Signing a contract with the PSU Foxes is the last thing a guy like Neil should do. The team is high profile and he doesn't need sports crews broadcasting pictures of his face around the nation. His lies will hold up only so long under this kind of scrutiny and the truth will get him killed.
But Neil's not the only one with secrets on the team. One of Neil's new teammates is a friend from his old life, and Neil can't walk away from him a second time. Neil has survived the last eight years by running. Maybe he's finally found someone and something worth fighting for.
A Charm of Magpies
Pure fun. KJ Charles is a ridiculously prolific writer, so if you like her style you’ve got plenty of reading material. The relationship between her characters is sweet and sexy, while not being unnecessarily angsty.
Exiled to China for twenty years, Lucien Vaudrey never planned to return to England. But with the mysterious deaths of his father and brother, it seems the new Lord Crane has inherited an earldom. He’s also inherited his family’s enemies. He needs magical assistance, fast. He doesn't expect it to turn up angry.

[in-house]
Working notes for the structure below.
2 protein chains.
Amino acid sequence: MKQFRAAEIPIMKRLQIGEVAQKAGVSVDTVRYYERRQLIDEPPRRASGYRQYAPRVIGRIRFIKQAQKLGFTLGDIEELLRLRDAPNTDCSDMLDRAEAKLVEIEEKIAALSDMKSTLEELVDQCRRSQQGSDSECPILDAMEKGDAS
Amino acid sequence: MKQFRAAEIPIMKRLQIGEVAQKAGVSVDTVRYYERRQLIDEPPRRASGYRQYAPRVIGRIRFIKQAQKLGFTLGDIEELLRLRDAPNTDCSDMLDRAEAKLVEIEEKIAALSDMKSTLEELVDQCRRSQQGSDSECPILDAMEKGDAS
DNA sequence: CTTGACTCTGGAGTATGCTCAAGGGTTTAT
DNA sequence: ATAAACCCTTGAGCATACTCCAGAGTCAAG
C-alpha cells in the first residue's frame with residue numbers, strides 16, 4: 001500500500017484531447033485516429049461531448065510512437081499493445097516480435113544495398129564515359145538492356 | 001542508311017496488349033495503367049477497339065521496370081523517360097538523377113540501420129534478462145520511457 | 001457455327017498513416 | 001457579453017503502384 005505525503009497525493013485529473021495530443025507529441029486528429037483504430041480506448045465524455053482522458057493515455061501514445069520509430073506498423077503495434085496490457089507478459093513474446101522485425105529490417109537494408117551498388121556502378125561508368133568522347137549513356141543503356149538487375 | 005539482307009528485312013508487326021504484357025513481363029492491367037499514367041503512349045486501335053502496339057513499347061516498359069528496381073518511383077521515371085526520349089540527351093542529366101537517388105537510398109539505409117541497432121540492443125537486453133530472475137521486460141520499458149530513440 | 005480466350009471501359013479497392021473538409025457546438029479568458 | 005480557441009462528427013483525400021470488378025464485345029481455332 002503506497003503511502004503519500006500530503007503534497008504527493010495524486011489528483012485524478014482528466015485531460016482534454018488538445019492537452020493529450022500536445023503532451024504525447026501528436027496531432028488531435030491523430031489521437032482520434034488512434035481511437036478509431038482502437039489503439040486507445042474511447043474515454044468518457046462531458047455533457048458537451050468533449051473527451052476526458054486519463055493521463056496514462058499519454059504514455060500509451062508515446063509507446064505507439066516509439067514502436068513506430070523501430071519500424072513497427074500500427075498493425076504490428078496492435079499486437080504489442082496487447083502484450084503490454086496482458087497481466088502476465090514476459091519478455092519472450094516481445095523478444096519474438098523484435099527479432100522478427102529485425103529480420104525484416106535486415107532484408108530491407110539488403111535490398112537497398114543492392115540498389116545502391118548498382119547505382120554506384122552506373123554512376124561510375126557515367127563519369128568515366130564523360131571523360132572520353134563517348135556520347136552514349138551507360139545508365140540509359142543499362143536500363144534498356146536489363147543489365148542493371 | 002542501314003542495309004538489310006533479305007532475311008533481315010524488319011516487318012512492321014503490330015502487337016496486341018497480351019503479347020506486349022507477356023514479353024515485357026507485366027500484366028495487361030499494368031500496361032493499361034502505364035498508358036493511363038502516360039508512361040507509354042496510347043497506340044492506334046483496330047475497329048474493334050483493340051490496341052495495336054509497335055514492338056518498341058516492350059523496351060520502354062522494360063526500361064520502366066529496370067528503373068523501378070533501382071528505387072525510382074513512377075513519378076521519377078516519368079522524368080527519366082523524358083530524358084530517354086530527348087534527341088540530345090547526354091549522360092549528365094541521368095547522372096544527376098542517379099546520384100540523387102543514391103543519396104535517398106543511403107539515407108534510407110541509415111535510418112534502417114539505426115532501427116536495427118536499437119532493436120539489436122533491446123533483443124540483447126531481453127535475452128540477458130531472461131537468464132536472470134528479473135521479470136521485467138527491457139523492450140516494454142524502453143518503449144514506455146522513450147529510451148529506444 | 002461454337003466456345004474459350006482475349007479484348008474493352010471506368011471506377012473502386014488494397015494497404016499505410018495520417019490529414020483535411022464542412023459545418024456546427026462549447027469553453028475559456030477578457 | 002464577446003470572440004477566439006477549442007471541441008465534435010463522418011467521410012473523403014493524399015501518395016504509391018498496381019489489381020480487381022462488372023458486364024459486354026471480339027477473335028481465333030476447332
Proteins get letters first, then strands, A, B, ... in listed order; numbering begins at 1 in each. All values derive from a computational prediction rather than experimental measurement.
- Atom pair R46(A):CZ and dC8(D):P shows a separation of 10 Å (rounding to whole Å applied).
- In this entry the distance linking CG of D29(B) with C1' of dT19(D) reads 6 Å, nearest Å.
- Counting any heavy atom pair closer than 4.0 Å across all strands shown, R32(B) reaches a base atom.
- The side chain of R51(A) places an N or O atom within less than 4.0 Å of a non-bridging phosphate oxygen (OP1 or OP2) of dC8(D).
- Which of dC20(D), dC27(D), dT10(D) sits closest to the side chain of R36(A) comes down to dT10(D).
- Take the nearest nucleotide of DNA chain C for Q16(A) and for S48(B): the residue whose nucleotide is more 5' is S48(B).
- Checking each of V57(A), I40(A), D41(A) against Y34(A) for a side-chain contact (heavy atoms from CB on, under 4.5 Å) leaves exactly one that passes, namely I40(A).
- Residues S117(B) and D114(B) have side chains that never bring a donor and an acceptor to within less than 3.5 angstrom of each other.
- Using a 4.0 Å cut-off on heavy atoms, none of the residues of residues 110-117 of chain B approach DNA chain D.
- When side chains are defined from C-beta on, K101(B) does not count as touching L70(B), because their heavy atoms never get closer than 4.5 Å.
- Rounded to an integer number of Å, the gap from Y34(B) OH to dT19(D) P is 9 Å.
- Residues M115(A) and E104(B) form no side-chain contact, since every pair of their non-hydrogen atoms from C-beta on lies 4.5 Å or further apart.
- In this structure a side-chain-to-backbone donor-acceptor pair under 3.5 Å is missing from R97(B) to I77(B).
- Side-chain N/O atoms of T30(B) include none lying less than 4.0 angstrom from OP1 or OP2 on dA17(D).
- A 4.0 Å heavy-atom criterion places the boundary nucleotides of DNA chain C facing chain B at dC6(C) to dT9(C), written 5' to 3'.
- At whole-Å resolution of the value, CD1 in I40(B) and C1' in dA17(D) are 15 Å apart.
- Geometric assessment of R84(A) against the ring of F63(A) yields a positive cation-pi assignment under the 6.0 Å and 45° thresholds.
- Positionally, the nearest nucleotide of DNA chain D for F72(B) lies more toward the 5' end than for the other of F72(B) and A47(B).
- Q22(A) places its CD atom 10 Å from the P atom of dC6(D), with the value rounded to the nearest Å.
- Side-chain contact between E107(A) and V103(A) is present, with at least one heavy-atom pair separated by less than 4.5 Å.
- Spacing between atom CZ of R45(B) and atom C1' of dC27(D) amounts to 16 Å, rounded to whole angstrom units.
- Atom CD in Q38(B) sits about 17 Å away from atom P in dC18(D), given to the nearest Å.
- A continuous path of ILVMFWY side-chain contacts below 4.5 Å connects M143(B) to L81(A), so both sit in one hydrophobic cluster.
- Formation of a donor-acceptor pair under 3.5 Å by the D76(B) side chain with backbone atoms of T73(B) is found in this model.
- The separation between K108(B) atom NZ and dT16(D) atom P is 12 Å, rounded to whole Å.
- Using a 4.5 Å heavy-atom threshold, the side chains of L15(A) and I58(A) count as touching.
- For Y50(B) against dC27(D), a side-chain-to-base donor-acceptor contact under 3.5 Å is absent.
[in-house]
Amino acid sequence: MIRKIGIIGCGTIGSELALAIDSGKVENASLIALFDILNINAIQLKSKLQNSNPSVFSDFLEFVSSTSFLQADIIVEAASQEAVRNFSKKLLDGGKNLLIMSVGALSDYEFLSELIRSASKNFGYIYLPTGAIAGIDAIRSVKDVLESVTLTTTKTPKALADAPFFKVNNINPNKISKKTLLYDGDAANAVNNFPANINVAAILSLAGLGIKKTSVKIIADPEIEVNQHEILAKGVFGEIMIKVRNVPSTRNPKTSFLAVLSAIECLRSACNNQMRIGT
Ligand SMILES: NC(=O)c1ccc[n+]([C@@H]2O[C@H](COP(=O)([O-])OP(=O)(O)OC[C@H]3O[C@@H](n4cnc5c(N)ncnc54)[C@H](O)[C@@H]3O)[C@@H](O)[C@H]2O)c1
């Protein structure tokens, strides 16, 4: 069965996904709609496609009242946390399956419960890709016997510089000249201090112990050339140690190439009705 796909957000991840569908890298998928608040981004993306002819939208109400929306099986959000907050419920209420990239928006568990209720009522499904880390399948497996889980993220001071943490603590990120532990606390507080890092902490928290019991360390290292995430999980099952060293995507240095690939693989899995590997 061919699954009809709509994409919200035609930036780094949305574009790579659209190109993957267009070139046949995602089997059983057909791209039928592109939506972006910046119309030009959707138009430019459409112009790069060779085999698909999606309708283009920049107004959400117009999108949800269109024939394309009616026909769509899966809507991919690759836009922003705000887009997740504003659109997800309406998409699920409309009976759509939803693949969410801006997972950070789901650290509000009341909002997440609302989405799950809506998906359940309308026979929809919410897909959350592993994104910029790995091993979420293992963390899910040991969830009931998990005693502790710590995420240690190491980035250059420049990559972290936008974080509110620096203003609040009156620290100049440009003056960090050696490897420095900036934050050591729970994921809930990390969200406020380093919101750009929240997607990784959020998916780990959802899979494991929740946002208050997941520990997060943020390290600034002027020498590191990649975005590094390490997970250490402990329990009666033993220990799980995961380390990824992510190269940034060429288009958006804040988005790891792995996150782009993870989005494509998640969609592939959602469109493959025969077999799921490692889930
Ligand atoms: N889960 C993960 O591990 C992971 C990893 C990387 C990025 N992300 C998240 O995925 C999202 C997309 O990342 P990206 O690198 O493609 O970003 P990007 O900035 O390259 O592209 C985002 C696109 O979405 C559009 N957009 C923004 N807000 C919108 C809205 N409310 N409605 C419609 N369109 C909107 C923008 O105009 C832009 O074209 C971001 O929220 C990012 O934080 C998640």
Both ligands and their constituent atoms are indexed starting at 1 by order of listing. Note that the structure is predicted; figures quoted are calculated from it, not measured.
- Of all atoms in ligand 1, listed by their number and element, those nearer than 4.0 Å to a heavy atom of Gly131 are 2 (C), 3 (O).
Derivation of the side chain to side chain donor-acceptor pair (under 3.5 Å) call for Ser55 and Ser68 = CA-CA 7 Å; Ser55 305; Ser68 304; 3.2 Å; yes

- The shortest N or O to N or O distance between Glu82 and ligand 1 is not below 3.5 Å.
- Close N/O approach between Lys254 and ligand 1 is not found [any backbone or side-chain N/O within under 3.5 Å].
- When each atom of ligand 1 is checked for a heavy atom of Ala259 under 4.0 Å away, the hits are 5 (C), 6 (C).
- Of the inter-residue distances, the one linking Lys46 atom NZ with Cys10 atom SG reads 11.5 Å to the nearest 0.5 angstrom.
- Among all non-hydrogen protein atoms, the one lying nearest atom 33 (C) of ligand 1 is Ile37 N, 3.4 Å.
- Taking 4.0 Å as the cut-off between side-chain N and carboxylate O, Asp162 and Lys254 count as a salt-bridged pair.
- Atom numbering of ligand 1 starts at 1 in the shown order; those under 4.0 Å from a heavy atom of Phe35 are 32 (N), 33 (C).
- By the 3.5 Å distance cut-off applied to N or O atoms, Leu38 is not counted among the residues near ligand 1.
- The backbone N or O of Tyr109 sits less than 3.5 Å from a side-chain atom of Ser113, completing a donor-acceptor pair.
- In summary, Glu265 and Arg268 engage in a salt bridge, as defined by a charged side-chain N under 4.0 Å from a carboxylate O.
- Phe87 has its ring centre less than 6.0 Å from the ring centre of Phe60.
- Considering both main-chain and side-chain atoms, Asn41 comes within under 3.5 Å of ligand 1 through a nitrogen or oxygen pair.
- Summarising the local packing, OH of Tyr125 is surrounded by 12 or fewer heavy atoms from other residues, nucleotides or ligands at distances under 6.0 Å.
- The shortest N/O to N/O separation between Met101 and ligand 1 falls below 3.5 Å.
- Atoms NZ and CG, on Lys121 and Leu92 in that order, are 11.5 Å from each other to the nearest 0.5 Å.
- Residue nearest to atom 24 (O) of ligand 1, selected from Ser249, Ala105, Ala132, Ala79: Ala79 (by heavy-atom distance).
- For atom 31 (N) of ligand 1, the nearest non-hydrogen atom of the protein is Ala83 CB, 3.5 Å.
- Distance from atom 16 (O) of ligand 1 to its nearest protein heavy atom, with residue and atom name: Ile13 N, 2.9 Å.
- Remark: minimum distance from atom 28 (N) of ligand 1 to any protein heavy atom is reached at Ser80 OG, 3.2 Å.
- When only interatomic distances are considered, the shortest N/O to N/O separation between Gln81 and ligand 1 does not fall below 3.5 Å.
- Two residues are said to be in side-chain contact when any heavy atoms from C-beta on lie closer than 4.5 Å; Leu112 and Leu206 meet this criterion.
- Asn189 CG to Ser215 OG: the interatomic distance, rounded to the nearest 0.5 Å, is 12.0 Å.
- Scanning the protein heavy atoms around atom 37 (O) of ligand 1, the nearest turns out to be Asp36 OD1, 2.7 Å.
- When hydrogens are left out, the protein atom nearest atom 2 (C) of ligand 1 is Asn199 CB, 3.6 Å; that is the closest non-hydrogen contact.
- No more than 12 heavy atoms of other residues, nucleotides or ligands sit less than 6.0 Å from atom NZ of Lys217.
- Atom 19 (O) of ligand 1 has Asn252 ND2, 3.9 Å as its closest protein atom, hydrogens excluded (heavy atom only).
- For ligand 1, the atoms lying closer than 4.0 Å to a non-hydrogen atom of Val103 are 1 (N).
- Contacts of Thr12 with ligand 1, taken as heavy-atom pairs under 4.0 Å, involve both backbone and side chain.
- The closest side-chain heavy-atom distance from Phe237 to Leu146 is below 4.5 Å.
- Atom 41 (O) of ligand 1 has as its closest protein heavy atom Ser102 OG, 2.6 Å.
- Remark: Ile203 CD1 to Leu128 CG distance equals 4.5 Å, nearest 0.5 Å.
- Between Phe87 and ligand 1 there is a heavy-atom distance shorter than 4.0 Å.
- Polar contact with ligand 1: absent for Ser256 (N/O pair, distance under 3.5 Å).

Magician Stephen Day has good reason to hate Crane’s family. Unfortunately, it’s his job to deal with supernatural threats. Besides, the earl is unlike any aristocrat he’s ever met, with the tattoos, the attitude... and the way Crane seems determined to get him into bed. That’s definitely unusual.
Soon Stephen is falling hard for the worst possible man, at the worst possible time. But Crane’s dangerous appeal isn't the only thing rendering Stephen powerless. Evil pervades the house, a web of plots is closing around Crane, and if Stephen can’t find a way through it—they’re both going to die.
The Beautiful Monsters
Vampires, Incubi, Egyptian Gods, oh my. These books are not for the easily triggered, but if you enjoy a bit of guilty indulgence and don’t mind some m/f sex with your m/m, these are for you. There are two ships to pick from (team Tarrick/Matthew all the way), though everyone pretty much fucks everyone. I’m serious with the trigger warnings, though (specifically rape and dubcon). Oh, and the plot is thrilling and complex.
Matthew Callahan has spent seven years struggling against the insatiable hunger for blood consuming him. Unable to stop the vampire inside from preying on humans, he keeps himself confined to a lonely existence.